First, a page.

After the big monster climactic events of session 5, I settled down to prep things more widely. I had plenty to work with, some of which were hanging fire from initial character construction, and some of which had arisen with no planning during play. I was also feeling the pain of not having a group identity in practice, exactly against what my own text said to do. The only solution seemed to be to throw all of the relevant characters into one room and make them hash it out, and also to identify all the established sources of attack upon them, and to turn them all up to “high.”
For that latter purpoe, such sophisticated organizing devices such as these were employed:
I dialed back Monsanto, Myrmidon, Xe (or rather, Academi), and the American Policy Institute to go “soft power” through the universities, which are historically quite vulnerable to it; and turned my attention to AmyBiota, thinking that we could easily get to its actions toward Finn. I was also concerned to focus more on Finn because Brian had, for various reasons, soaked up far more in-play attention and time.
Related to that, and making it easy (I thought), we also had the former Man o’War running around loose. I saw a chance at last to play a less sentimental version of the Hulk, such that the heroes would really have to choose whether to stop him for good, rather than always being diverted toward sympathy for him.
I’d built his complex of Psychological Limitations and Enrages and Multipower slots rather carefully, and played them fairly … there was a pretty good chance that he’d bulk up into the kind of Lee-Kirby city block demolishing monstrosity that the heroes simply have to destroy, “there’s a human being in there” or not. Not a determined outcome, but a chance I was willing to see play out. However, as you’ll see here, due to role-playing and rolls, the classic Hulk story proved robust after all, so heartwarming, but perhaps less brutally final as we might have needed as a group.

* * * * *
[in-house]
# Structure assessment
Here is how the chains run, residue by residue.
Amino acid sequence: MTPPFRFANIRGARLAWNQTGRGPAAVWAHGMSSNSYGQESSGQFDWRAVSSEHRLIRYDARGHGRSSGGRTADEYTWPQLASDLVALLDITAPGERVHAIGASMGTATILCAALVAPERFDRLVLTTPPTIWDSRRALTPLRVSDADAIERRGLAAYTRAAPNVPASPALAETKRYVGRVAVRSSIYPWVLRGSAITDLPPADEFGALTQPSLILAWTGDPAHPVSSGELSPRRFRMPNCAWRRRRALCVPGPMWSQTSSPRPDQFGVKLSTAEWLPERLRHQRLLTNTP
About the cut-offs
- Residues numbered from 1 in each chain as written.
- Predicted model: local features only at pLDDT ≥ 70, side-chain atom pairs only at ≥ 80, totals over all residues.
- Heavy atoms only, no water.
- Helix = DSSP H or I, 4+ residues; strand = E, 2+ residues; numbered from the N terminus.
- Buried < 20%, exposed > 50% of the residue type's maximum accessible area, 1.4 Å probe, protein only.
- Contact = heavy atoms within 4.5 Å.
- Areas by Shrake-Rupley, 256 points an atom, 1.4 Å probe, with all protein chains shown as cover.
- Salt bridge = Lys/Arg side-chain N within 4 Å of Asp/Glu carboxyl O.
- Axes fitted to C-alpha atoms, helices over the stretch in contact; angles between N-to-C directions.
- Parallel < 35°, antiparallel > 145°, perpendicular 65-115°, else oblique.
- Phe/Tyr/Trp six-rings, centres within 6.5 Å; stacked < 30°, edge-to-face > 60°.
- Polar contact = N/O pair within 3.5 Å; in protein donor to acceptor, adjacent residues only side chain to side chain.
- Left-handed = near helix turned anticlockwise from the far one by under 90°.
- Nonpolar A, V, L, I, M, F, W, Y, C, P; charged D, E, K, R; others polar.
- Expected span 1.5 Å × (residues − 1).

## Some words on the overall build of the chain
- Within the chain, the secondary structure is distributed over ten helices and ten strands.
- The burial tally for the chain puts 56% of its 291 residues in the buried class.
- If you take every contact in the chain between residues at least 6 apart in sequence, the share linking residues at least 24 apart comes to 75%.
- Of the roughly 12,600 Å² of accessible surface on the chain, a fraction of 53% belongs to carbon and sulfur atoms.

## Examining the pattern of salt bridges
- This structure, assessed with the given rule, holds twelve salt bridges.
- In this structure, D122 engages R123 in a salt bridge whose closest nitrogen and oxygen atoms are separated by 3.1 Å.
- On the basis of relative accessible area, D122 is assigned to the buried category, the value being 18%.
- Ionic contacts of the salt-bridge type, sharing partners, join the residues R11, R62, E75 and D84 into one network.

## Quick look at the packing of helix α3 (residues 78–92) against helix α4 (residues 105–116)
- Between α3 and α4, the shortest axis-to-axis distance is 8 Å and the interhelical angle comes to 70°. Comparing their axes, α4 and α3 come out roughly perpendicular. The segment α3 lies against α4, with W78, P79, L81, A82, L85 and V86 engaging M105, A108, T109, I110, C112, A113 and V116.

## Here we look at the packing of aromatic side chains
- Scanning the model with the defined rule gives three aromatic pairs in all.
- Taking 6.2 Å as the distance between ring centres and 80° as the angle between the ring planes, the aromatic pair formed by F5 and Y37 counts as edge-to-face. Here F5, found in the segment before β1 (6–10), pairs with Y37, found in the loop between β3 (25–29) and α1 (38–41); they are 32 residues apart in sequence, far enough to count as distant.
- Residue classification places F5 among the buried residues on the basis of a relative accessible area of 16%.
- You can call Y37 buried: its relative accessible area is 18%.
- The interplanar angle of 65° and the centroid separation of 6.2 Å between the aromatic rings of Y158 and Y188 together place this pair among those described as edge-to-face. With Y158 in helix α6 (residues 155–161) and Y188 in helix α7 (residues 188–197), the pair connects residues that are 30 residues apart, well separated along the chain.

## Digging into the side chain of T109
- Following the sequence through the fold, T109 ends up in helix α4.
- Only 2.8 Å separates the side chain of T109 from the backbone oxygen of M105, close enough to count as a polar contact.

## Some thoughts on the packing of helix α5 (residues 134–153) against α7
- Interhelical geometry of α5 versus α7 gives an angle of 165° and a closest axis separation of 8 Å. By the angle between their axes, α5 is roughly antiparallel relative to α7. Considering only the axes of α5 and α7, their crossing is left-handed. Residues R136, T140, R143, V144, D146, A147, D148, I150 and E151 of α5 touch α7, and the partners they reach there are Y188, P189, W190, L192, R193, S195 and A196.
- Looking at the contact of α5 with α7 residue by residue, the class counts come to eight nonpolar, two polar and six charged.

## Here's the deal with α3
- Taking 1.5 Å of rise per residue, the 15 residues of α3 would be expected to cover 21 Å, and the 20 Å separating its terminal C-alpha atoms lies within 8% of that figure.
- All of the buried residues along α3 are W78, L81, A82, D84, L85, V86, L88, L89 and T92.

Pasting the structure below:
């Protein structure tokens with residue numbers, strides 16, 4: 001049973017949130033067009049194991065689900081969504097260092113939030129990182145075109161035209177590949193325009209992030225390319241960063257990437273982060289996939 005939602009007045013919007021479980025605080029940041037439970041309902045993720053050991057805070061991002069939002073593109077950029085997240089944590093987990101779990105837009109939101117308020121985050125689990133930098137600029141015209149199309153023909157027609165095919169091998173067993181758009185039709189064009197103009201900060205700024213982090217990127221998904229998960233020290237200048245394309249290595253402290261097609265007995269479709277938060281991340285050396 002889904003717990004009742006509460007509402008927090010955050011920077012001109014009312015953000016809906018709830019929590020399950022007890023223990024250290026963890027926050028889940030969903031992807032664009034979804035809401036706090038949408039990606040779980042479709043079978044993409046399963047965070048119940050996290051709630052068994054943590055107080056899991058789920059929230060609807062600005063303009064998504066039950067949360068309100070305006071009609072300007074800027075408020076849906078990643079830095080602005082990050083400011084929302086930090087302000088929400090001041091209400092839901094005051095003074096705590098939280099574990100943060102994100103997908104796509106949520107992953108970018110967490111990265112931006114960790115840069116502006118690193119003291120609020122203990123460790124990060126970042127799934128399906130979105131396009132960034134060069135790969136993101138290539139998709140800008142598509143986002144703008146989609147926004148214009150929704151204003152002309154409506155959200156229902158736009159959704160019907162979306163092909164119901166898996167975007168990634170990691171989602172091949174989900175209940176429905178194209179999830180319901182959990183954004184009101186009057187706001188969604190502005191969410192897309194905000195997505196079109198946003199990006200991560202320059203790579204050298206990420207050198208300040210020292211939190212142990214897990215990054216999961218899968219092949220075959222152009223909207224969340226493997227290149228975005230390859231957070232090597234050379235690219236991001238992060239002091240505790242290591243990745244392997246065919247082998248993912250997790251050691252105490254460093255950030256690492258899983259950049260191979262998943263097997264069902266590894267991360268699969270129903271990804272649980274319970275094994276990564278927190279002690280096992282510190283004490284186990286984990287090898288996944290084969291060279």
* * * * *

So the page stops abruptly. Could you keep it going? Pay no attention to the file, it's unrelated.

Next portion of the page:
Part 1 (below) is mostly the result of me insisting that the heroes and all the immediately-concerned NPCs get into a big discussion together, which resulted in the entirely unplanned group naming. In retrospect it’s a good thing that happened, as I was burning out fast on the rather aimless protagonists at this point.
Part 2 is … well, it is monster action, also featuring Rod truly finding his newly renamed character in terms of personality, powers, and group role.
Kudos goes here to the breakout character, Tweakie, included among the great portraits of the female characters that I asked Rod to provide. I was trying hard to provide them all with distinct personalities and priorities, sometimes perilously close to “NPCs role-play with one another” territory. That also brought in the interesting pinch of being the only person at the table to present any female points of view at all – you can see my uncertainty about that start to flare up in these videos, and later you’ll see some of my attempted solutions for it in session 7.